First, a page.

Peter King – A neglected figure in ’50s British Sculpture

Published in: Sculpture Journal, Vol. 18.1, 2009, pp. 100-111

Peter King was my father. Thanks go to the AHRC for funding research into his life and work, leading to the digitisation of his works for VADS. I also have my own site dedicated to life and work. Peter King site.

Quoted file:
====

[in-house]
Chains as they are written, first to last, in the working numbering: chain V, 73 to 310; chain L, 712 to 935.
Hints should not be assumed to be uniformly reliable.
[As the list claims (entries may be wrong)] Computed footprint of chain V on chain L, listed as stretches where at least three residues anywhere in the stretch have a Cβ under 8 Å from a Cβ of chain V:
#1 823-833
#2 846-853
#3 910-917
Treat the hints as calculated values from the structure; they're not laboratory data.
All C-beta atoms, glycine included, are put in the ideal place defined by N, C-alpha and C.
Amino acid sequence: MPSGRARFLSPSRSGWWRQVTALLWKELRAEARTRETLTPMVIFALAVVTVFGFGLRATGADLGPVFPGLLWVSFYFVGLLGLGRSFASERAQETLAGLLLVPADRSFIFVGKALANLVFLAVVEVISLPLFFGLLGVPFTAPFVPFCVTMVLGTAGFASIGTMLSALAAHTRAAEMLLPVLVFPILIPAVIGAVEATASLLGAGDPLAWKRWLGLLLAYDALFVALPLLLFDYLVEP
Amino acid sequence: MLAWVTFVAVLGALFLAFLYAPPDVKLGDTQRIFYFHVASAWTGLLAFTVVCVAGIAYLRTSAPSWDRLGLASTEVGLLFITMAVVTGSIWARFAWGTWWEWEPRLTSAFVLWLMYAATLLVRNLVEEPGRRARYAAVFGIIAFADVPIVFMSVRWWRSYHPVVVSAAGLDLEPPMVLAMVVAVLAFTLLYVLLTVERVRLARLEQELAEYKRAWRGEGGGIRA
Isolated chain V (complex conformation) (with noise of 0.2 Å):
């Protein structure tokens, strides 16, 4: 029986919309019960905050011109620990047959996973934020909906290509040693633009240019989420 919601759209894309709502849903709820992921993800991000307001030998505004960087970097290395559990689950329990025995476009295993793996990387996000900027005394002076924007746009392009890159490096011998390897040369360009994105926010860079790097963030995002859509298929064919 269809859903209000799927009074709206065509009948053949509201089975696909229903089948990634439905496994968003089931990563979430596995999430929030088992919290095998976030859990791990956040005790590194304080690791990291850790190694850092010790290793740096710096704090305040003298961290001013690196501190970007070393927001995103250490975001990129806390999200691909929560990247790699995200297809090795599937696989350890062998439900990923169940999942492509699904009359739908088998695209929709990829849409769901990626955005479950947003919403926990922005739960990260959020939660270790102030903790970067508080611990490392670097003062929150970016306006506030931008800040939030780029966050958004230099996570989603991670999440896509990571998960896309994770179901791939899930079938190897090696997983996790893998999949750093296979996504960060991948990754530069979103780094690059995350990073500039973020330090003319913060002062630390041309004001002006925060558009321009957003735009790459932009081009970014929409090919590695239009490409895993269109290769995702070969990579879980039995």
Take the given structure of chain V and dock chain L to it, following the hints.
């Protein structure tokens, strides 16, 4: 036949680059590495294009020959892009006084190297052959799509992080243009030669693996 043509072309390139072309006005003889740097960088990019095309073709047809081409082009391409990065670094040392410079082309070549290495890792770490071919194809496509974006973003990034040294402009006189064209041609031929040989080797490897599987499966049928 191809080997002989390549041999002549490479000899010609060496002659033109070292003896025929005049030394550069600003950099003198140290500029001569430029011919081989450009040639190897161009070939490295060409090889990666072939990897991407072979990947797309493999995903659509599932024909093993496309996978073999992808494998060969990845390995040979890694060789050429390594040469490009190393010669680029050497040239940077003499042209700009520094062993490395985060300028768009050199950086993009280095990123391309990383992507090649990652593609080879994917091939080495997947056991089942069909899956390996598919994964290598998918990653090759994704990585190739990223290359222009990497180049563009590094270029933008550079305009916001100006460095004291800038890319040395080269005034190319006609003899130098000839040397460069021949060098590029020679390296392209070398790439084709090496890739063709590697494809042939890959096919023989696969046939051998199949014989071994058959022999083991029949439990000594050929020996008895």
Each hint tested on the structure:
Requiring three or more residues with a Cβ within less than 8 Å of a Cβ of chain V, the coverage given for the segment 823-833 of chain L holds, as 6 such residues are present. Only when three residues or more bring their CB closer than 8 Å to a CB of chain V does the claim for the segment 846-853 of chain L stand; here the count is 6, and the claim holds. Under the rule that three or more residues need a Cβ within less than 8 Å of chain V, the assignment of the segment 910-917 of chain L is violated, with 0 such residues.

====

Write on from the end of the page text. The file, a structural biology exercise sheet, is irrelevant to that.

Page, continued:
This paper presents the life, work, and context of British sculptor Peter King (1928-1957). His untimely death meant that he has been largely omitted from the history of 1950s British art, but recent discoveries of missing works, diaries, photographic plates, and other memorabilia indicate the significance of his work for the period. He was undoubtedly a prolific artist, whose exceptional talent was recognised by Henry Moore, who appointed him as his assistant along with Anthony Caro. King was part of a group of artists associated with Moore’s studio, with the teaching team at St Martin’s School of Art, with artists living at the Abbey Art Centre in London, and with Victor Musgrave’s Gallery One in Soho. He received the Boise Travelling Scholarship and funding from the BFI for an animated film, and exhibited the film and his work across Europe before succumbing to a blood-poisoning at the age of twenty-nine.


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